Washington D.C. [US], Aug. 26 : A study finds physicians range greatly in their responses to patients in regard to e-cigarettes. This study was done by researchers at the Stanford University School of Medicine who analysed more than 500 online interactions between patients and doctors discussing e-cigarettes.
"Researchers have previously surveyed doctors about their knowledge and attitudes concerning e-cigarettes.
In this study, we were curious about actual provider behavior -- the advice doctors gave in real patient interactions," said the study's senior author, Judith Prochaska.
"Within a novel online medical forum, we were able to observe the exact advice doctors were giving patients and see how that advice varied by topic and clinician," Prochaska added.
The new observations have already helped inform the development of an educational portal, by Prochaska and colleagues, which aims to teach doctors what's known about the health effects of e-cigarettes and how to communicate the benefits and risks of the devices to patients.
Available online through the Stanford Center for Continuing Medical Education, the interactive program provides clinicians with continuing medical education credits.
While traditional cigarettes deliver nicotine to a person's body when they inhale burning tobacco, e-cigarettes work by heating up liquid until it vaporizes.
E-cigarette use among both adults and teenagers has risen quickly in the decade since coming on the market.
According to the latest estimates from the U.S. Centers for Disease Control and Prevention, 3.7 percent of U.S. adults regularly use e-cigarettes. The devices are often promoted as safer than combustible cigarettes, and are also suggested as a smoking cessation aid, yet there's little long-term evidence to support either assertion.
"There's been rapid growth in the promotion and use of the products without an evidence base in terms of their safety and efficacy for tobacco cessation," Prochaska said.
As e-cigarettes are so new, and so few studies have been conducted on them, physicians have little to rely upon when patients ask about the devices.
This is the reason Prochaska and her colleagues wondered what doctors typically said, and whether they conveyed that uncertainty.
"The big question for me, working in tobacco control, is what's the best way for physicians to counsel their patients about electronic cigarettes," said postdoctoral scholar Cati Brown-Johnson.
Prochaska and Brown-Johnson teamed up with researchers at HealthTap, an online health company that allows users to submit medical questions, which are answered by any of the 72,000 licensed physicians that work with the site.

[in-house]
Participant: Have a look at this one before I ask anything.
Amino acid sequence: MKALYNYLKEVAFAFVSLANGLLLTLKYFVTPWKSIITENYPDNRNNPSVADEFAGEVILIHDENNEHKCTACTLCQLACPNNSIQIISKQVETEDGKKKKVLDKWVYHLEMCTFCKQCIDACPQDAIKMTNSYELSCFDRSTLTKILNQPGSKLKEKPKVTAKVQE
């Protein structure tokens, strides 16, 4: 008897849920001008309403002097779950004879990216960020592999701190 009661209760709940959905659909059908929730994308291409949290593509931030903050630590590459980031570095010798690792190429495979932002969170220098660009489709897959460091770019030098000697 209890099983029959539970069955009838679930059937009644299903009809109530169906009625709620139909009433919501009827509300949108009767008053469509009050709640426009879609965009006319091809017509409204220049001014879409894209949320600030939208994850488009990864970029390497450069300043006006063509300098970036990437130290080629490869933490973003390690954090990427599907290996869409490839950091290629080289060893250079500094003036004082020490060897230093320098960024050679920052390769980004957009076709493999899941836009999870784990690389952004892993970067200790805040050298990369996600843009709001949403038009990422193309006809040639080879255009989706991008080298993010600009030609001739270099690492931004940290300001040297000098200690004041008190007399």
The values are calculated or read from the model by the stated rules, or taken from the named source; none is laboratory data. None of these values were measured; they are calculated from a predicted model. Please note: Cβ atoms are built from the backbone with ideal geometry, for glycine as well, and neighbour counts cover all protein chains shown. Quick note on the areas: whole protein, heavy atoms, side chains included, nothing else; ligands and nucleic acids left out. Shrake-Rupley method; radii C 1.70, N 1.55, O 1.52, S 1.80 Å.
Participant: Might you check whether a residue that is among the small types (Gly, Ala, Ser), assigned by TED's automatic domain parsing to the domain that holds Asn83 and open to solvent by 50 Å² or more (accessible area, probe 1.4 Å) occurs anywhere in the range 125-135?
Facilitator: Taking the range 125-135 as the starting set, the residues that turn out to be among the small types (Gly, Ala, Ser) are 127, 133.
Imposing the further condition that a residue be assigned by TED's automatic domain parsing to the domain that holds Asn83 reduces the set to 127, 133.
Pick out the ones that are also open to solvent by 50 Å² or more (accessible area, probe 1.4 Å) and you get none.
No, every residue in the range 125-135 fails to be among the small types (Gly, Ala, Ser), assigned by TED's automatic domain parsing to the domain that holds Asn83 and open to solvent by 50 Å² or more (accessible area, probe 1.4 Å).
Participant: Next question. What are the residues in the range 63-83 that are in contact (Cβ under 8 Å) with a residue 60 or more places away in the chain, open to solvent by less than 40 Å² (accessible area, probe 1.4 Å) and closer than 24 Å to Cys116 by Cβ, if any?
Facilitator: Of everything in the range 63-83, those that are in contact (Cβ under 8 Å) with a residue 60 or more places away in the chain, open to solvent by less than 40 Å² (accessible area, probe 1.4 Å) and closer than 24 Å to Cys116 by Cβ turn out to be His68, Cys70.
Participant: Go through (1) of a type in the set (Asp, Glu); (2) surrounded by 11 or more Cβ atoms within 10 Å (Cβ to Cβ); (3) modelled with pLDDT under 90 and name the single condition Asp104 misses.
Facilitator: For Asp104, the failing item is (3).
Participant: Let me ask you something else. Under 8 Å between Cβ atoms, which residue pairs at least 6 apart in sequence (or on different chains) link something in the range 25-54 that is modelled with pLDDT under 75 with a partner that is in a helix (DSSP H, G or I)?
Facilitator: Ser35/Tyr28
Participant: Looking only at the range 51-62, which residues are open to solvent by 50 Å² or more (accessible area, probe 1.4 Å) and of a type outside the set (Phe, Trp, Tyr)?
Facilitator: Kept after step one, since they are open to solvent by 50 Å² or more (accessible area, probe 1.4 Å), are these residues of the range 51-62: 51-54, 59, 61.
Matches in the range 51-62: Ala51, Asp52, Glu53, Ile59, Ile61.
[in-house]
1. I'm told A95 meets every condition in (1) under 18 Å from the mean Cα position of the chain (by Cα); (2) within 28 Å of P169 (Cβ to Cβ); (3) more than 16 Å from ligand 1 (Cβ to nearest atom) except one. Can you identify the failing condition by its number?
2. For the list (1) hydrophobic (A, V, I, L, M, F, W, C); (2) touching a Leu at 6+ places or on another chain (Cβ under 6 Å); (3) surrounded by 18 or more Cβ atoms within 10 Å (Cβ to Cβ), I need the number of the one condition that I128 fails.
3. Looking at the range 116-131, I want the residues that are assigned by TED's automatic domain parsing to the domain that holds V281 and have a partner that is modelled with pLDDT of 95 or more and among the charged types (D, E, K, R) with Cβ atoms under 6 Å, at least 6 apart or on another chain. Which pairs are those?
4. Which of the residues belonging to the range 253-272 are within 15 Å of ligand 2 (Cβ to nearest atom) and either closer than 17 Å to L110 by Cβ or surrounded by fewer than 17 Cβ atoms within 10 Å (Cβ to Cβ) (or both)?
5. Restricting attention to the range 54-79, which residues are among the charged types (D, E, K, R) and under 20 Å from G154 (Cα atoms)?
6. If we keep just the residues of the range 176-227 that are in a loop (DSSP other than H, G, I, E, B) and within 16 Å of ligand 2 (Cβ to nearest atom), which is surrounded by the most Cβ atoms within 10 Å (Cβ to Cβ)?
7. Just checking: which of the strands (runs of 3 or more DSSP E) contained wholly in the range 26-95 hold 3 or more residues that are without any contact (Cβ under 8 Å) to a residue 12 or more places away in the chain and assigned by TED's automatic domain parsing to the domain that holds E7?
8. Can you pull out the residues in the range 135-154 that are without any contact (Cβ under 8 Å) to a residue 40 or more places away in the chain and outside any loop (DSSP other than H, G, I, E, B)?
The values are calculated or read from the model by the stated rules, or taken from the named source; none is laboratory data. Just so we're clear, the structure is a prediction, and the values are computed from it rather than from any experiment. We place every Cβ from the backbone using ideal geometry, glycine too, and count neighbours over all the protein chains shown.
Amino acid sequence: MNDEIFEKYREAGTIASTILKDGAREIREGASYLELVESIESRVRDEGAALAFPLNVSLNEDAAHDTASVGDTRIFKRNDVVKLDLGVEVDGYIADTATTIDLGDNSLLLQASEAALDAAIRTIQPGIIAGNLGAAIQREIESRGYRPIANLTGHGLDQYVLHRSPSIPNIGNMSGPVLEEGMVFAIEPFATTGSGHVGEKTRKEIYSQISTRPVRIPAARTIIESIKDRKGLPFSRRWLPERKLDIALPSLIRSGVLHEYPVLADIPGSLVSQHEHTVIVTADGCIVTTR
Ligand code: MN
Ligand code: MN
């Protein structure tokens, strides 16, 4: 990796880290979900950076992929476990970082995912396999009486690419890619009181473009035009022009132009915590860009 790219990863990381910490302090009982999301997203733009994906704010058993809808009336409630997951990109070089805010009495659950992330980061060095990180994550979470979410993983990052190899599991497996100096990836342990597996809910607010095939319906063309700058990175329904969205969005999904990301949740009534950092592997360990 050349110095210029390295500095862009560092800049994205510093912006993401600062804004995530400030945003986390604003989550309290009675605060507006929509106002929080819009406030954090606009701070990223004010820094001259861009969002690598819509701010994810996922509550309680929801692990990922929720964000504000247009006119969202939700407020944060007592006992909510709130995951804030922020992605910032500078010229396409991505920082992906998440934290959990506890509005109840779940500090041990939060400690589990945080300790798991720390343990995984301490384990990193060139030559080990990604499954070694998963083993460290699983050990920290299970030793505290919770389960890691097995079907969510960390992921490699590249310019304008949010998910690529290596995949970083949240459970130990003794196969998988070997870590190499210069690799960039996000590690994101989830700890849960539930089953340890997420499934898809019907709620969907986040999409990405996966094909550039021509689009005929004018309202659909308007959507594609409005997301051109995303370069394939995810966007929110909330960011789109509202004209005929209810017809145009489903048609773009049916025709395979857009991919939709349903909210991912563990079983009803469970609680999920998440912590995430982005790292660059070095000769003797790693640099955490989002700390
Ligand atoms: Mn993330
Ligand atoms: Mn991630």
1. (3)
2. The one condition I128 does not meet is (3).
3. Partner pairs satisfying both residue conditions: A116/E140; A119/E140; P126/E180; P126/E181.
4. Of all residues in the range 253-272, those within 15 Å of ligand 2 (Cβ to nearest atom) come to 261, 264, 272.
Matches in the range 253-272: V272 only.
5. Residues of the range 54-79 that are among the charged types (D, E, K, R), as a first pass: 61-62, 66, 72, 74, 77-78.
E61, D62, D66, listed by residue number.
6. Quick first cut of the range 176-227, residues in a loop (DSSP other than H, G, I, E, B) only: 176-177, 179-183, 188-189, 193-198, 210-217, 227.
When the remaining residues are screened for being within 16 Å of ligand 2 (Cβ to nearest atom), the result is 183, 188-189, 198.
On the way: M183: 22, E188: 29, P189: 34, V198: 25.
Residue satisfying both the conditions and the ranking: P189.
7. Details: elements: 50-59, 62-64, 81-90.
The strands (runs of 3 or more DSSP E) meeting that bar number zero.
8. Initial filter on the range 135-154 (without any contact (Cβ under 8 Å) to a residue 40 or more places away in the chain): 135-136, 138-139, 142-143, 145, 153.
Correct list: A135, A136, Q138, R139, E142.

"Outside of sitting and watching years of live interactions between patients and providers, this was really the best way for us to get data," said Brown-Johnson.
When the scientists searched through all the anonymous questions posted on the site from July 2011 through June 2015, they identified almost 10,000 that related to tobacco or smoking.
Of those, about 500 mentioned e-cigarettes -- and the rate of e-cigarette-related questions increased over the four-year time period.
The most frequent themes brought up by physicians matched the most frequent concerns of patients: specific side effects and general safety.
But doctors also often brought up topics not mentioned by patients, including the need for more research on e-cigarettes and the relative safety of e-cigarettes compared with combusted tobacco.
In addition, clinicians tended to mention nicotine more often than patients, often expressing specific concern about nicotine addiction.
"The existing research, however, does not indicate that e-cigarettes help people quit combustible cigarettes," Prochaska said.
"This is an area in need of greater study." When the researchers looked at how often patients thanked providers for their answers, they also spotted a trend: Most thanks were directed at doctors who had given a positive message about e-cigarettes.
"That finding is really interesting in thinking about how physicians might best connect with their patients," said Brown-Johnson.
"Doctors might consider conveying their information about e-cigarettes in a non-judgmental way, even when conveying the risks," she said.
The study has been published in American Journal of Preventive Medicine..